Mayor too weak on knife crime, warns Lib Dem challenger Siobhan Benita
Mayoral candidate heads to Belsize Park in first week in role
29 November, 2018 — By Richard Osley
Siobhan Benita in England’s Lane with Belsize councillor Luisa Porritt
SADIQ Khan was accused of failing to pull together an effective response to knife crime as the Liberal Democrats began their London elections campaign on Thursday.
Siobhan Benita, a former independent mayoral candidate who has been selected to stand as the party’s challenger to Mr Khan when the city returns to the polls in 2020, said: “What we are seeing at the moment is a Mayor who isn’t treating knife crime urgently enough. It does require police on the streets but actually this Mayor has decided to shut local police stations, and this Mayor has decided to merge borough commands.”
In an interview with the New Journal on Thursday, she added that more police was not the only answer and that all mayoral candidates were likely to suggest the need for more resources, but Mr Khan should have done more to improve relations between the police and young people across the city.
She added that faith groups, councils and smaller charities had not been connected in a co-ordinated response, a task Mr Khan had been best placed for.
“If someone comes forward and says they’ve got the magic answer then they’re lying, but if there is anything magical that is to be done, then it’s to listen to the people who are being affected the most and bring them on board,” said Ms Benita. “I welcome the new violence reduction unit that’s been announced but I’m not seeing the right people around the table.”
Mr Khan was sharply criticised for not visiting the community in Kentish Town – a 20-minute tube ride from his office – in February after one of the worst nights of violence in the area’s history, despite requests from relatives of two young men who died on the same night and even some of his own Labour Party colleagues.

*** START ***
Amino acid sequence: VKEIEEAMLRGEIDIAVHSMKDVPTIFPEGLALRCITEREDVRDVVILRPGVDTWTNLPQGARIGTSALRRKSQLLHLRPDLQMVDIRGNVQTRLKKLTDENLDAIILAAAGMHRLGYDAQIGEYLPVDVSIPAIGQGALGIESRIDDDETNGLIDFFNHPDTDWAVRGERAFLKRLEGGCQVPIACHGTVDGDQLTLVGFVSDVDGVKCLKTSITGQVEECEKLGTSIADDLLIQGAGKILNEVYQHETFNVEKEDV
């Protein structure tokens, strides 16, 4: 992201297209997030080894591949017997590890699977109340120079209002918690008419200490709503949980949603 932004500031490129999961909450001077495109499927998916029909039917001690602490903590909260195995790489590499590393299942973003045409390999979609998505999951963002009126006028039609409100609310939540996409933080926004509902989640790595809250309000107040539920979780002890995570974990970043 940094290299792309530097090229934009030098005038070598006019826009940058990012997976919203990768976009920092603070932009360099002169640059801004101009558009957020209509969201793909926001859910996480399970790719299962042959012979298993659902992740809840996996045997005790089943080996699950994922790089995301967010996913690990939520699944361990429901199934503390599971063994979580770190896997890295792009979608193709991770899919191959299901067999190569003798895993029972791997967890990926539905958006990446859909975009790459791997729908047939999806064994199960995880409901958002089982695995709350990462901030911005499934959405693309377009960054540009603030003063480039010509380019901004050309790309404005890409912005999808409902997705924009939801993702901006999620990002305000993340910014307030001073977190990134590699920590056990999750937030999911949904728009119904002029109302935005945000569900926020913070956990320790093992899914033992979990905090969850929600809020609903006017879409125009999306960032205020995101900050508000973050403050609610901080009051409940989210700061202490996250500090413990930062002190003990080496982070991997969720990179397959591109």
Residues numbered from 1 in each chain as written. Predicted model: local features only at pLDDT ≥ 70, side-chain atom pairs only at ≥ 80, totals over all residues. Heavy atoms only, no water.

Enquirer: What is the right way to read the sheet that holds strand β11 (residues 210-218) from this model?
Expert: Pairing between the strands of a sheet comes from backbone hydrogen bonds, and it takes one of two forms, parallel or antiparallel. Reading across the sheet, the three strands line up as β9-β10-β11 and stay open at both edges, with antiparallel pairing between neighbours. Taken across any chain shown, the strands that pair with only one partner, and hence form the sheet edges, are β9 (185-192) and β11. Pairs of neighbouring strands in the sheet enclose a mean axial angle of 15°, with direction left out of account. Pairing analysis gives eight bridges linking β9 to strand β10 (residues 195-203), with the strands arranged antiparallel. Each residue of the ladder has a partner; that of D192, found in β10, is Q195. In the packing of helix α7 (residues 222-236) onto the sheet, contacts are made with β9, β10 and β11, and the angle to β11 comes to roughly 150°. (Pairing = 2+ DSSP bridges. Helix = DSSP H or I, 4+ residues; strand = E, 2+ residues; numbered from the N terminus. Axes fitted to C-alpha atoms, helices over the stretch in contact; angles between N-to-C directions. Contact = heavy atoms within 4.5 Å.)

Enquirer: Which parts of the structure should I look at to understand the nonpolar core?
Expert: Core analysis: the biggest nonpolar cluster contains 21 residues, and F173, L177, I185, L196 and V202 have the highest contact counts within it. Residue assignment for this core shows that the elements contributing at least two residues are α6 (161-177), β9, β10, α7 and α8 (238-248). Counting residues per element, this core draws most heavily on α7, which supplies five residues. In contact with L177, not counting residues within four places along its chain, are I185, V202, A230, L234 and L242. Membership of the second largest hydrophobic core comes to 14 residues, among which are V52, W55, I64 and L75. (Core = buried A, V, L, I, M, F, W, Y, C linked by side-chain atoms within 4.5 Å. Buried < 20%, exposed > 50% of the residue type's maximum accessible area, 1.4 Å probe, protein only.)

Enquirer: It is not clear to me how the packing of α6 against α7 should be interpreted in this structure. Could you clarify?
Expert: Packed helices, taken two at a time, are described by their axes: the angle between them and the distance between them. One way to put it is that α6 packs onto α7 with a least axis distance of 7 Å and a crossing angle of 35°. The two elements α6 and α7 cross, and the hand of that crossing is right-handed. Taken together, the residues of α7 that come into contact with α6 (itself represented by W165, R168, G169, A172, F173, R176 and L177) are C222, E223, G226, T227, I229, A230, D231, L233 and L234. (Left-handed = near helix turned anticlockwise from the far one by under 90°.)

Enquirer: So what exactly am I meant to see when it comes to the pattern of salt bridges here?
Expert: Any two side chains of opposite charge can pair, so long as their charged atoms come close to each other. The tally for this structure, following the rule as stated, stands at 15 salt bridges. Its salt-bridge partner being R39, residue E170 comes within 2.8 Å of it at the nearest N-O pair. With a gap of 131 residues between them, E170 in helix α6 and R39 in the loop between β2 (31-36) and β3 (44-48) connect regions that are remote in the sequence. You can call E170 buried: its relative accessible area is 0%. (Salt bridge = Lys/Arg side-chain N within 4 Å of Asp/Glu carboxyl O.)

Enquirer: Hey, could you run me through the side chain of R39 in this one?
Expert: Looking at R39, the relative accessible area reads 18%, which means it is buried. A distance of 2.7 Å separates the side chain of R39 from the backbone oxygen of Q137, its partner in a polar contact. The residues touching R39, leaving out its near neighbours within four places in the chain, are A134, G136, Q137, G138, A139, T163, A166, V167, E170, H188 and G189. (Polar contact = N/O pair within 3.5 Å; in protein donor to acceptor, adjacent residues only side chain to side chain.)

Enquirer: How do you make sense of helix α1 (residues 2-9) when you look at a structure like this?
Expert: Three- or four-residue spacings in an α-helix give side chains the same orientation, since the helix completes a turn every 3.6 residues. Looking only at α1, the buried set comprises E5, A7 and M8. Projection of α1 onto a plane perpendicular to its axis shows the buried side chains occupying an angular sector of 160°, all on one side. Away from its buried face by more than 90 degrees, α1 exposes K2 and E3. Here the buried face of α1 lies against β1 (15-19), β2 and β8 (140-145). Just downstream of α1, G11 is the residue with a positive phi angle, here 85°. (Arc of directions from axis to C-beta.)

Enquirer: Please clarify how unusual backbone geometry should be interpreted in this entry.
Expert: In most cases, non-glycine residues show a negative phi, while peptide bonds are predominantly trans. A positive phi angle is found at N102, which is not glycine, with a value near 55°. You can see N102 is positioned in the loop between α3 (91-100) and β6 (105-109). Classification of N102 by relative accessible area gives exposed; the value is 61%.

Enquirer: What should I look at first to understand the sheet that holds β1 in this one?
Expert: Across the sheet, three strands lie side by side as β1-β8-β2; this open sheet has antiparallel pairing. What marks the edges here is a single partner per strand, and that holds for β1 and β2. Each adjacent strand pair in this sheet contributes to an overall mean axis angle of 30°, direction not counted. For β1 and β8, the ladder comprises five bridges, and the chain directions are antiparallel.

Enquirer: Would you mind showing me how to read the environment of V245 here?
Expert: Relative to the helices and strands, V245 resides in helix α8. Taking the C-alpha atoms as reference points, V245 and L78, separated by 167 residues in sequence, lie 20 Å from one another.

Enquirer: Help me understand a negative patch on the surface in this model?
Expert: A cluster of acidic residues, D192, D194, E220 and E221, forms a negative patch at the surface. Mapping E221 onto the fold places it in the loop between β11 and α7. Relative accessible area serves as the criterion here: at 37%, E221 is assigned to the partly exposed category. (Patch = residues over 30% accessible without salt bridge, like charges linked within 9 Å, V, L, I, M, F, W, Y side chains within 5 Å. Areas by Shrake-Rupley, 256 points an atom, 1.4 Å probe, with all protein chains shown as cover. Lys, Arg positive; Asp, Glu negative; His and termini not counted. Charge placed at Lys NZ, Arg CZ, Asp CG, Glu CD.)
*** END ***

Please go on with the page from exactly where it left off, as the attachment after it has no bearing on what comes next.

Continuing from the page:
The “Violence Reduction Unit” at City Hall was later set up but faced further questions after kicking off with an initial spend of only £500,000.
Ms Benita, who was a member of the government’s youth violence commission for the past two years, said: “There are grassroots charities in communities trying to do the right thing. Actually it needs the Mayor and City Hall to step in and help build those connections. If the unit just becomes another place where City Hall brings its mates in, you are not going to get those connections.”
She added: “Past mayors have always had their eyes on the next job – wondering if they are going to be the leader of the party – so they are surrounding themselves with people who might help them do that.”
Ms Benita was in and around England’s Lane on one of her first stops to meet Lib Dem campaigners before the gloves come off in her campaign. Belsize ward is considered a success story inside the party after it gained two council seats from the Tories in May.
She won nearly 4 per cent of the vote as an independent candidate in 2012, but said she had joined the party in the wake of the Brexit referendum result.
“Not just because I’m married to a Frenchman, so Brexit is quite personal, but I absolutely believe that staying in the EU is the right thing for London and the country,” she said.